The story contains a valuable sales copy lesson, though, so all was not lost.
So, there I was, on eBay. And I found the holy grail:
My beloved discontinued jeans in my exact size, in my favorite wash, basically brand new. Only $23?
Shut the front door–sold!
But when they arrived, I could barely get them past my thighs.
What the…? This can’t be right. I’d been doing HIIT cardio THREE days a week, y’all!
And that’s when I checked the label–they were two sizes smaller than advertised.
I contacted the seller, and I received a refund and a link to begin the return process.
But when I clicked that link, I was taken to a page that said:
“This return is now completed…You don’t need to return this item to the seller–you can keep the item.”
Uh, okay. Guess we’re done.
Days later, I get an email from the seller, demanding to know why I hadn’t returned the jeans.
I told her what happened. I sent a screencap of the message from eBay.
Her response: “I would have explicitly told you I didn’t need them returned if that was the case. Please let me know when they are in the mail.”
Hey Crazy, you don’t seem to understand. There is no return label.
“Ok. Please contact eBay directly–there seems to be an issue on your end. It may be because you waited so long to print it out…”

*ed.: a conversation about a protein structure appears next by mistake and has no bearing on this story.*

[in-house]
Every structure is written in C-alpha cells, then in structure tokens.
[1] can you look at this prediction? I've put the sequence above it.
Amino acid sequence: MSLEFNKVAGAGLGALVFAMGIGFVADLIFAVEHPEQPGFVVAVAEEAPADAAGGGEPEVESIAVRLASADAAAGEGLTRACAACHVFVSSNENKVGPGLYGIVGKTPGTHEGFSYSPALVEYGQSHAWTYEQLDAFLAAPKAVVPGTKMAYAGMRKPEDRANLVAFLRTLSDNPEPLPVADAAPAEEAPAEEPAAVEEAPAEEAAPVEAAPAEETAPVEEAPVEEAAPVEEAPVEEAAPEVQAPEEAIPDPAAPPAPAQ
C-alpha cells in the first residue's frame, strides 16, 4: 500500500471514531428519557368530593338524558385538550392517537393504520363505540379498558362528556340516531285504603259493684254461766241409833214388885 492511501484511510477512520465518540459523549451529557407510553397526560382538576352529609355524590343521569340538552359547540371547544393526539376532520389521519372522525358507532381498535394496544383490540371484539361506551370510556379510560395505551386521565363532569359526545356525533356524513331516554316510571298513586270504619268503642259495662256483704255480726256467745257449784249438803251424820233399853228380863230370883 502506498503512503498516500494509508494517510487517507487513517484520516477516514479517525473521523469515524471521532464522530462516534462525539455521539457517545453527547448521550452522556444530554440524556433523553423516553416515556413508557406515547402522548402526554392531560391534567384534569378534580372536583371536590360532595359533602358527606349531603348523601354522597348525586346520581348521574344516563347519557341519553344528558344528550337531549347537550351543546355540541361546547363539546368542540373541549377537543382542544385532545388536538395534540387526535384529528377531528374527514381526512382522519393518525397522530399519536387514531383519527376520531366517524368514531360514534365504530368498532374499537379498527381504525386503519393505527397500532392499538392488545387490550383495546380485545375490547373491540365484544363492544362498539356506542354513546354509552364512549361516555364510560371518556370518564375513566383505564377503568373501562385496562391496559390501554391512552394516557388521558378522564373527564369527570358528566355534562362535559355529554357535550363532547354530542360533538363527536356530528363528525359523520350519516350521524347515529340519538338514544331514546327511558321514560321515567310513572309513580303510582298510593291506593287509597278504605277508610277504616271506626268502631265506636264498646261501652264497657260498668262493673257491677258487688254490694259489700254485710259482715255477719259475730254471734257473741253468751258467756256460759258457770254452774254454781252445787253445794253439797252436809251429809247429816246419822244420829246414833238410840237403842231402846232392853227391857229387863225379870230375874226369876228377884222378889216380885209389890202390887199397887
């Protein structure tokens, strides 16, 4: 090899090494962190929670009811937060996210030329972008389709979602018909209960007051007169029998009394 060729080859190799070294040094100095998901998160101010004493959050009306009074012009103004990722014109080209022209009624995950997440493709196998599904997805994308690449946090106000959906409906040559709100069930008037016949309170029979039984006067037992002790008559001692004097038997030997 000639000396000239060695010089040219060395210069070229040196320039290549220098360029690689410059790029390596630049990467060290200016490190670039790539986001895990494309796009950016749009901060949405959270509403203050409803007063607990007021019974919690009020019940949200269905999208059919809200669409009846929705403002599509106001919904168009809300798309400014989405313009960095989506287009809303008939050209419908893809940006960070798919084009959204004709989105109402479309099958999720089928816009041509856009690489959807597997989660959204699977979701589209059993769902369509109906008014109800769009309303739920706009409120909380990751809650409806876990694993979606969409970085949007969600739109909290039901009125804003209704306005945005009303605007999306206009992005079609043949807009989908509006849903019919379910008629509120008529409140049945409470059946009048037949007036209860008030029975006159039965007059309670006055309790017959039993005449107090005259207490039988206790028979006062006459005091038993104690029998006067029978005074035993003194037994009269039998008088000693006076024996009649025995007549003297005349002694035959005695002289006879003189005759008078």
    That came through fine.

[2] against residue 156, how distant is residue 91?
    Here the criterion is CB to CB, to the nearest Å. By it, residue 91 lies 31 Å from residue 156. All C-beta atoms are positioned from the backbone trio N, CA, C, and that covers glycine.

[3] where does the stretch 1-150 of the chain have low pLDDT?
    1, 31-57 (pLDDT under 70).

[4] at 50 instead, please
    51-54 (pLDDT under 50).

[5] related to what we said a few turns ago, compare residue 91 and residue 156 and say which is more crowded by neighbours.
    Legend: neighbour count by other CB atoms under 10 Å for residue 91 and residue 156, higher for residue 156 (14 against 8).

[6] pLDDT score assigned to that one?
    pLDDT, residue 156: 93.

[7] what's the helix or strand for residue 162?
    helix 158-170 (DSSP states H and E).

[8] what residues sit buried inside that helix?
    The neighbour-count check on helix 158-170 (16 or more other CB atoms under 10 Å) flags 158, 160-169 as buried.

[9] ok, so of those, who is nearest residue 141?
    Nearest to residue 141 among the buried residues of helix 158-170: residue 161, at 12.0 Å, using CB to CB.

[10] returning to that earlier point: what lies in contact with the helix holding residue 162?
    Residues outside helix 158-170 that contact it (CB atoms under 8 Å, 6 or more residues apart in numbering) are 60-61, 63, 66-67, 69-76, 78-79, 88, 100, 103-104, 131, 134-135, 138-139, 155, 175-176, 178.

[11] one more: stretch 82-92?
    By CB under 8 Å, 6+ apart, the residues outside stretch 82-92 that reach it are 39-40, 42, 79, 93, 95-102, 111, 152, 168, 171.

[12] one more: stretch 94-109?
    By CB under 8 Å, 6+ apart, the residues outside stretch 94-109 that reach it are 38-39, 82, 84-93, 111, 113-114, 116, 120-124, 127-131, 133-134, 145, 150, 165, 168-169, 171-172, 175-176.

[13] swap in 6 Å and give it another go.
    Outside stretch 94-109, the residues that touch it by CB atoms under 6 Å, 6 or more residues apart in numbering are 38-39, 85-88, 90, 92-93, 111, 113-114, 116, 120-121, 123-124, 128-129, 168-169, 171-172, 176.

Ha! This chick was funny.
And wrong–eBay determined the whole thing was her fault.
Anyway, lots of customer service lessons in there…
(Like maybe give your customer the benefit of the doubt…)
However, the COPY lesson in the story is this:
Do not expect your customers to do your work for you.
In sales copy, any extra work you create for your customers is going to cost you sales.
That might look like an opt-in form that has seven different fields they have to fill out, rather than taking the time to edit it down to one or two fields…
Or asking them to review your podcast in iTunes, and not creating a link that takes them DIRECTLY to the review page…
Or assuming that they’ve read every email in your autoresponder, forcing them to “dig” for key information they’ve missed…
9 times outta 10, they’re not gonna do any of it.
(Just like *I* wasn’t going to waste my time dealing with eBay customer service on behalf of Crazy eBay Lady.)
Because it’s OUR job–and the job of our sales copy–to make life easy for our customers.
So easy that they not only buy today, but then come back and buy your next product, too.